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Harper's Encyclopedia of United States History (ed. Benson Lossing) 162 0 Browse Search
Knight's Mechanical Encyclopedia (ed. Knight) 20 0 Browse Search
William Hepworth Dixon, White Conquest: Volume 2 18 0 Browse Search
Horace Greeley, The American Conflict: A History of the Great Rebellion in the United States of America, 1860-65: its Causes, Incidents, and Results: Intended to exhibit especially its moral and political phases with the drift and progress of American opinion respecting human slavery from 1776 to the close of the War for the Union. Volume II. 12 0 Browse Search
William F. Fox, Lt. Col. U. S. V., Regimental Losses in the American Civil War, 1861-1865: A Treatise on the extent and nature of the mortuary losses in the Union regiments, with full and exhaustive statistics compiled from the official records on file in the state military bureaus and at Washington 10 0 Browse Search
Cambridge History of American Literature: volume 3 (ed. Trent, William Peterfield, 1862-1939., Erskine, John, 1879-1951., Sherman, Stuart Pratt, 1881-1926., Van Doren, Carl, 1885-1950.) 10 0 Browse Search
Benson J. Lossing, Pictorial Field Book of the Civil War. Volume 3. 8 0 Browse Search
George P. Rowell and Company's American Newspaper Directory, containing accurate lists of all the newspapers and periodicals published in the United States and territories, and the dominion of Canada, and British Colonies of North America., together with a description of the towns and cities in which they are published. (ed. George P. Rowell and company) 6 0 Browse Search
Mrs. John A. Logan, Reminiscences of a Soldier's Wife: An Autobiography 6 0 Browse Search
William Hepworth Dixon, White Conquest: Volume 1 6 0 Browse Search
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Browsing named entities in Mrs. John A. Logan, Reminiscences of a Soldier's Wife: An Autobiography. You can also browse the collection for Nevada (Nevada, United States) or search for Nevada (Nevada, United States) in all documents.

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Mrs. John A. Logan, Reminiscences of a Soldier's Wife: An Autobiography, Chapter 13: (search)
Allen G. Thurman, was one of the ablest men in the Senate. He had been a member of the House, and had served on the bench as a district and Supreme Court judge in his adopted State of Ohio. He was originally a native of Virginia, and was one of the foremost men of the Democratic party. He was ever ready to join the men on that side of the Senate in defence of the measures that had been advocated and the policies adopted by his party. Rumors of the great wealth of Stewart and Jones of Nevada, had been heralded before they made their appearance in the Senate, and it was not long before they demonstrated that they were men of untiring energy and keen perception of the requirements of the nation during the progressive era that followed the close of the Civil War. They were both steadfast Republicans and devoted friends of President Grant. Hon. William Pitt Kellogg was a native of Vermont, but removed to the State of Illinois at an early age. From that State he was appointed Chi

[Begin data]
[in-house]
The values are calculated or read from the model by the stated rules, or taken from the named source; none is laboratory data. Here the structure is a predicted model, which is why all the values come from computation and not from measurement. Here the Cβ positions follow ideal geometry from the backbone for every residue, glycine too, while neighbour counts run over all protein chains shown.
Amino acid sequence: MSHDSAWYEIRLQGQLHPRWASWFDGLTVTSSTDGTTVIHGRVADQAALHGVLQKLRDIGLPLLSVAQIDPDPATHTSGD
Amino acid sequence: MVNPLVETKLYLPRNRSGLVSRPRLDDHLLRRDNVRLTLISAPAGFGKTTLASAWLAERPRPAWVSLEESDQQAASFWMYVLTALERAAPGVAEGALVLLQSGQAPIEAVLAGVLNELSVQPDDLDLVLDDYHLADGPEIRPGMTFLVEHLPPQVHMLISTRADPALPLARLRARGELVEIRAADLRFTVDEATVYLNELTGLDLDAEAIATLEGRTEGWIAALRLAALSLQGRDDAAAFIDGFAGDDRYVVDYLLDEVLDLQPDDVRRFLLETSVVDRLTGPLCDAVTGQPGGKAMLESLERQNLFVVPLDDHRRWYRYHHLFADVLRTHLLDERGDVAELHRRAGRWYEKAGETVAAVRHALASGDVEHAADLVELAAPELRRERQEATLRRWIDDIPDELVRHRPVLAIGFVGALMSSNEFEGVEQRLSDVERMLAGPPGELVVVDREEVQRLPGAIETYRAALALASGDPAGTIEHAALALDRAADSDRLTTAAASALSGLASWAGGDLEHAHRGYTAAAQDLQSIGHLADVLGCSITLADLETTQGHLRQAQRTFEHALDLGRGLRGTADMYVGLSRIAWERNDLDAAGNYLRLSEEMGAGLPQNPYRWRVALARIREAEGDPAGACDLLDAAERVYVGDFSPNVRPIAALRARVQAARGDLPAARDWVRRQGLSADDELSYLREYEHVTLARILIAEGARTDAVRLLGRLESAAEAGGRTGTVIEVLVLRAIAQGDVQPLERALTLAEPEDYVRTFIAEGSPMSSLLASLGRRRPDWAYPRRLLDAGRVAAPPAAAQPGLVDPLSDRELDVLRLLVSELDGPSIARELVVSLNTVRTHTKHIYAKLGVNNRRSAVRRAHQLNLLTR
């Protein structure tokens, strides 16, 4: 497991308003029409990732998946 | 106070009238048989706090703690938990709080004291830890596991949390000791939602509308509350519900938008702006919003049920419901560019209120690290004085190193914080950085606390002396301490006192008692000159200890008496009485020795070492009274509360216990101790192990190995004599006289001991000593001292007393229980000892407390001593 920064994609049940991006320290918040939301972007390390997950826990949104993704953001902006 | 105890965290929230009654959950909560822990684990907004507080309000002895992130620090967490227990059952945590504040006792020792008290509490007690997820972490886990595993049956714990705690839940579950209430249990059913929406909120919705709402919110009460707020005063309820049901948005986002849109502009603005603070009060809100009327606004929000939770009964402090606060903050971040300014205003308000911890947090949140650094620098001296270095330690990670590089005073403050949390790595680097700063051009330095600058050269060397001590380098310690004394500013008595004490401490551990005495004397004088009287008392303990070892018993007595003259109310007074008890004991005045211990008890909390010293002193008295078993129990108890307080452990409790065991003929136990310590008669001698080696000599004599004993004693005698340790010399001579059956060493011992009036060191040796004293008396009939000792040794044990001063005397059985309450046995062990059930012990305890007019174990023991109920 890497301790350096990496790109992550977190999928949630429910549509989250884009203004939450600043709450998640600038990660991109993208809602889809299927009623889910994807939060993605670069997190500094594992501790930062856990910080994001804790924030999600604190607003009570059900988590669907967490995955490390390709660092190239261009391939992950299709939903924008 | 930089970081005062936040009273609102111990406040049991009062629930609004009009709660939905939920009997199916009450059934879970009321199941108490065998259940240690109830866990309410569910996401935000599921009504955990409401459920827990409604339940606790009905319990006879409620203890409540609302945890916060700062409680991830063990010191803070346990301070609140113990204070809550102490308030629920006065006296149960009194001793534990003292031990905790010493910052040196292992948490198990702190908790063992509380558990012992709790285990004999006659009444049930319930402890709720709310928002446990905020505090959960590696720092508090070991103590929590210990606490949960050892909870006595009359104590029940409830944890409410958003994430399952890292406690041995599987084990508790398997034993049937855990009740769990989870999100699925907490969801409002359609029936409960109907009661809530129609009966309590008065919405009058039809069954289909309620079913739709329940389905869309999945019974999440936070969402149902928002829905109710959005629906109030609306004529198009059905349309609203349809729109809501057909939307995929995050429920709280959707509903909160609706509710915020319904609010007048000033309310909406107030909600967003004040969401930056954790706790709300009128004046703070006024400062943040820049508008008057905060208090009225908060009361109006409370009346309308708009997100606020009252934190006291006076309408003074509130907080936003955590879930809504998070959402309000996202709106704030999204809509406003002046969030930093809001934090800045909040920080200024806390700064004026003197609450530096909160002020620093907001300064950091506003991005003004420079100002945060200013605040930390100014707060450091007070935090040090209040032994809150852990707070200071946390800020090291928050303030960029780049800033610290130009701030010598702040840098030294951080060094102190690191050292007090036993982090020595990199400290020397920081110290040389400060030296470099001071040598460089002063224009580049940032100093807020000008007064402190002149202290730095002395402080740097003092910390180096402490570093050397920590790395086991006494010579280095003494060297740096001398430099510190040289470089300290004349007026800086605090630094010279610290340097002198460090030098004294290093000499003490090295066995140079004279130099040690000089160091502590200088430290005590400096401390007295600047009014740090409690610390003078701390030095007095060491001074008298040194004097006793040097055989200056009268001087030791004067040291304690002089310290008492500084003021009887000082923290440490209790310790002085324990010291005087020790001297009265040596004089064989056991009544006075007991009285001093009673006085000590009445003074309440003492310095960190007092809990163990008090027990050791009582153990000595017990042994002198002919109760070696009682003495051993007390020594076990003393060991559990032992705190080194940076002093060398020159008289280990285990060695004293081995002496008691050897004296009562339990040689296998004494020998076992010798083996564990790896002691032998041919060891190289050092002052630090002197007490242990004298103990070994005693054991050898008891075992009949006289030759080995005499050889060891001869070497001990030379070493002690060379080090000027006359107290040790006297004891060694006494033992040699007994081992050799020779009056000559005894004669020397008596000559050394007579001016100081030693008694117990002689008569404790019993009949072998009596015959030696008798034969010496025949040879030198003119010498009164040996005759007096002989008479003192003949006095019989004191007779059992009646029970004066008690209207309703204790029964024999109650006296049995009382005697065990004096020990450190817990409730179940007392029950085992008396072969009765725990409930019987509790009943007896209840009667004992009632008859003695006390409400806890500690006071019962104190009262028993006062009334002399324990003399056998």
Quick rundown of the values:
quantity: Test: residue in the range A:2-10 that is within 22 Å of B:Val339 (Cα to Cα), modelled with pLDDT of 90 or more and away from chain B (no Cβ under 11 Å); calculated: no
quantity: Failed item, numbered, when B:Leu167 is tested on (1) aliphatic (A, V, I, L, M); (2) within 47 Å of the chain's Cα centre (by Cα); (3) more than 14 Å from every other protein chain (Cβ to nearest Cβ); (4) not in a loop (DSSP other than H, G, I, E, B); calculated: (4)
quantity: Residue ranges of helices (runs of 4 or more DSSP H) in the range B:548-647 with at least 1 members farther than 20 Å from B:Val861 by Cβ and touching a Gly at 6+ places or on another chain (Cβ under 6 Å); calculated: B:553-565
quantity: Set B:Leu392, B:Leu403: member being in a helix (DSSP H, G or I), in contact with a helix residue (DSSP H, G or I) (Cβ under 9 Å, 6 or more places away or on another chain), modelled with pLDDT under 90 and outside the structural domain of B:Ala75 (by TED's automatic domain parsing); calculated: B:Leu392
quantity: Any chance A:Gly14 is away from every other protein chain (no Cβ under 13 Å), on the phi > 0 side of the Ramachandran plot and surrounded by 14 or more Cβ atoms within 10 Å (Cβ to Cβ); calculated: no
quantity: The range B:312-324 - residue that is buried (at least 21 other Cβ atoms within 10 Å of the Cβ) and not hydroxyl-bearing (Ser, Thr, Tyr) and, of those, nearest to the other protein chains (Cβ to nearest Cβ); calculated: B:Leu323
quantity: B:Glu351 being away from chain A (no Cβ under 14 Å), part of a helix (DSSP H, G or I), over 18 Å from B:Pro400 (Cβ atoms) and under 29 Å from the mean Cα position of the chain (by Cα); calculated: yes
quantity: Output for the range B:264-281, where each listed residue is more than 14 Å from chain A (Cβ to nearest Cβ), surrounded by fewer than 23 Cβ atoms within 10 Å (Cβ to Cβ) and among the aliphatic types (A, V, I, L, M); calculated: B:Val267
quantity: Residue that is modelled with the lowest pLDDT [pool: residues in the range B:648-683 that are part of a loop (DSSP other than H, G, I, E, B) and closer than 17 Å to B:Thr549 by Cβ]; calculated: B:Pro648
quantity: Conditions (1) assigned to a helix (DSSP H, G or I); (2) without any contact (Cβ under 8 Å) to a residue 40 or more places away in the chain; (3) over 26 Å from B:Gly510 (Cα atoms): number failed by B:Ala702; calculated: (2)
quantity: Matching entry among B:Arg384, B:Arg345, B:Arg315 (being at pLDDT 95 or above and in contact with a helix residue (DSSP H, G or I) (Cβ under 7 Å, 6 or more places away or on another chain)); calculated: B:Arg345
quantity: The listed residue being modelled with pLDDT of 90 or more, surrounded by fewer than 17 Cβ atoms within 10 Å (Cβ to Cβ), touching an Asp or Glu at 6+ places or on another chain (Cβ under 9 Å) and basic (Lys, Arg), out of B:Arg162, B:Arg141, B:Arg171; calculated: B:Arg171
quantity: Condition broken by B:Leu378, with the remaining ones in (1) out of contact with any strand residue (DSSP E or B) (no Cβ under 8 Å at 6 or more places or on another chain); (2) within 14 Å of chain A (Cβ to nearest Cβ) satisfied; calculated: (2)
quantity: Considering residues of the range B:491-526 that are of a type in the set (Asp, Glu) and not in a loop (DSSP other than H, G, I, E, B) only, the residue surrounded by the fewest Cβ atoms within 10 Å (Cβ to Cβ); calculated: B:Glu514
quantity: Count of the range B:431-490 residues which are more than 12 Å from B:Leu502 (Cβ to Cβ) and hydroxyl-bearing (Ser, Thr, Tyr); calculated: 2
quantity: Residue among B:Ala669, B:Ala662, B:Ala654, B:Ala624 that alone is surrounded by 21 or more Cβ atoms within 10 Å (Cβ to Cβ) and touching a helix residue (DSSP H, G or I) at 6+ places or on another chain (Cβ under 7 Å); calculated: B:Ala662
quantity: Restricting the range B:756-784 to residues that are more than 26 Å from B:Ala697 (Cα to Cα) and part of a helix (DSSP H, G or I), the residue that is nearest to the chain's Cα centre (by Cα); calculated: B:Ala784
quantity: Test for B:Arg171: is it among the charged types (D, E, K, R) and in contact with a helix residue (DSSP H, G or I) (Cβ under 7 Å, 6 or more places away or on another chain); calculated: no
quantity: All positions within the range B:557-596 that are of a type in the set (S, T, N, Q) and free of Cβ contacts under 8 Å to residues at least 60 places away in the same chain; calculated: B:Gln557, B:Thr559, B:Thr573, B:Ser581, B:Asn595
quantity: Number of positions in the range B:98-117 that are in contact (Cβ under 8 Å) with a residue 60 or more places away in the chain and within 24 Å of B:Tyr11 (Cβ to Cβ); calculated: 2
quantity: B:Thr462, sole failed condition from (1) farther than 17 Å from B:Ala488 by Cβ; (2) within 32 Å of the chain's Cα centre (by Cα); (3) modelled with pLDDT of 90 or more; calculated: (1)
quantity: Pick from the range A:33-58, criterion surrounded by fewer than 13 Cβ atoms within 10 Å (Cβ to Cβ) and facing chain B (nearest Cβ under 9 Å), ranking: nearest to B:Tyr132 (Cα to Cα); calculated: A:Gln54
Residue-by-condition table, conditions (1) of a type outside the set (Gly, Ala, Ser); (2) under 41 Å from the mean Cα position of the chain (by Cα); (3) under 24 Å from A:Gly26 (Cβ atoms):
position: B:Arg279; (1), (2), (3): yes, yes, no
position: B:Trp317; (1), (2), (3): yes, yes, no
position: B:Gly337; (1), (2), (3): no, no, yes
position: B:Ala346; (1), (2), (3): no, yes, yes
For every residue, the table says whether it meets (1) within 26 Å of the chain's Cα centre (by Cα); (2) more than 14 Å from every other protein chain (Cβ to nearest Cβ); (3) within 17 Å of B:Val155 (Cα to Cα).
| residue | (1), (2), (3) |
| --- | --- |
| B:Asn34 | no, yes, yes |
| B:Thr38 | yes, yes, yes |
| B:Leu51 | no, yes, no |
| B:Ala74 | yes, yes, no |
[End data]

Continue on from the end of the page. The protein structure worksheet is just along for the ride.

Mrs. John A. Logan, Reminiscences of a Soldier's Wife: An Autobiography, Chapter 15: (search)
Senate which he held when he retired from that body in 1877. The ovation tendered him on his arrival in Washington was most gratifying to both of us. We went back to our old quarters at 812 Twelfth Street, and took up the treadmill duties as if we had not been absent a day. At the same time General Logan was elected to the Senate from Illinois, Senators Vest and Shields of Missouri; Daniel Voorhees of Indiana; Roscoe Conkling of New York; Platt of Connecticut; Hill of Colorado; Jones of Nevada; Governor Vance of North Carolina; Cameron of Pennsylvania; and Carpenter of Wisconsin were also returned. Many old colleagues greeted each other on the floor of the Senate March 4, 1879. Vice-President Wheeler was then in the chair. In the Senate there was Senator Thomas Bayard of Delaware, whose greatest pride was that he was a descendant of a long line of eminent statesmen. Senator Beck of Kentucky, that sturdy Scotchman who was never troubled by the Presidential bee because he was bor
Mrs. John A. Logan, Reminiscences of a Soldier's Wife: An Autobiography, Chapter 16: (search)
rniture was dingy, and the curtains faded. The living-rooms on the second floor were in a direful condition from constant use by watchers, messengers, and privileged persons who were there day and night. The cabinet-room and library had been turned into consulting chambers for physicians and specialists. The whole house had, therefore, to be renovated before President Arthur could take up his permanent residence there. As Vice-President, he had been the guest of Senator and Mrs. Jones of Nevada, in the gray-stone residence across the street from the southeast corner of the House of Representatives, formerly the home of Benjamin F. Butler. He remained with them until an army of artisans. had removed all traces of President Garfield's illness and had put everything in order, President Arthur personally directing the work. He displayed such exquisite taste in the changes he made that no one could believe but that some woman's taste and dainty fingers had given the delicate touches